Tom's Blog

Tuesday, March 11, 2014

American kestrel nest boxes

Although small, the American kestrel (Falco sparverius) is a feisty bird that throws its weight around with fierce intensity. It's one of the most colorful birds of prey. I've always loved that it found a  place on the 1 cent stamp.

We installed three kestrel nest boxes in 2008 using Madison Audubon's design, and have had good nesting success every year since. We have ideal kestrel habitat, wide open territory with good perches in the savannas and woodlands nearby. They swoop across the open fields, sometimes using the wind to give them lift while they hover. Their primary foods are insects or other small prey.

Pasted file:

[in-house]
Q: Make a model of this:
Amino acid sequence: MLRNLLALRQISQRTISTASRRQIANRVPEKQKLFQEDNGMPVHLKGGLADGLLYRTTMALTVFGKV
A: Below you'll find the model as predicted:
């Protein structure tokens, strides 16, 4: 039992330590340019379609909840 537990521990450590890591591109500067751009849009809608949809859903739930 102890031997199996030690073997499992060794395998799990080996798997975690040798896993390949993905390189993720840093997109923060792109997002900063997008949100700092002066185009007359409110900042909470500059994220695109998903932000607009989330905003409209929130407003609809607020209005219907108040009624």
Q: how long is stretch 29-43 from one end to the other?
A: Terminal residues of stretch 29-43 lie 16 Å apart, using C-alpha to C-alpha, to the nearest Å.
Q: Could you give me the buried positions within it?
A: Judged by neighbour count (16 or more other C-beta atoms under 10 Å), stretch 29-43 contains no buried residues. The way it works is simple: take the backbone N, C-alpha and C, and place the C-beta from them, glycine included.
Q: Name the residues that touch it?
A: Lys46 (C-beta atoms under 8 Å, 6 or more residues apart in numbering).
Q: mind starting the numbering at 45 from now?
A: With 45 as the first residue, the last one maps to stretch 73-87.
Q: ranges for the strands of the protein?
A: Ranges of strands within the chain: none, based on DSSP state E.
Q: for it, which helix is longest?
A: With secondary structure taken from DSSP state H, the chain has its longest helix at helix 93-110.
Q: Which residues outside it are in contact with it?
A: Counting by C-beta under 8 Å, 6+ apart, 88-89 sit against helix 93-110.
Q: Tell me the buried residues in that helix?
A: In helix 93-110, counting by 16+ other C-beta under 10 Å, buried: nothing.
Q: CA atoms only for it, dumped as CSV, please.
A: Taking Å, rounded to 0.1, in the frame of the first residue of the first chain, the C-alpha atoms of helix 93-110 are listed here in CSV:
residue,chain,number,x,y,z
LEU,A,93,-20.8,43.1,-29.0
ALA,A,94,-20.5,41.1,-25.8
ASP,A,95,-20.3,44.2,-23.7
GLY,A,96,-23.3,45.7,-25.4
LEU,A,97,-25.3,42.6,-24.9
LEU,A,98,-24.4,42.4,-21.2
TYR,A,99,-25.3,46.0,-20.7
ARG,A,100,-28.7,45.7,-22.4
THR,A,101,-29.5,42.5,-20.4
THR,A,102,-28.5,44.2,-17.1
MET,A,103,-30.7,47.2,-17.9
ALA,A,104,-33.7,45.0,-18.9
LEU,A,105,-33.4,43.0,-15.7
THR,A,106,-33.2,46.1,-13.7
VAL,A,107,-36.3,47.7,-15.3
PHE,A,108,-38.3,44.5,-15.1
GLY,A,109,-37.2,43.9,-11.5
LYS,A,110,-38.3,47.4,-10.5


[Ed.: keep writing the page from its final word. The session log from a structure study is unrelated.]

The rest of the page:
Most kestrels in our area probably migrate south in the winter, but return about the end of February to find nesting sites. They like high sites to nest, and our boxes are about 15 feet off the ground. As the photo below shows, the support is articulated so that the box can be brought down for cleaning. After scraping out the old debris, we put in a load of fresh wood chips. 

Putting fresh wood chips in the nest box.

Unfortunately, we had a tragedy this year. Just outside the barn, Kathie found a dead kestrel lying on the snow. It probably got killed flying into the side of the barn. Although this was a sad sight, it did give us a chance to see a kestrel up close.


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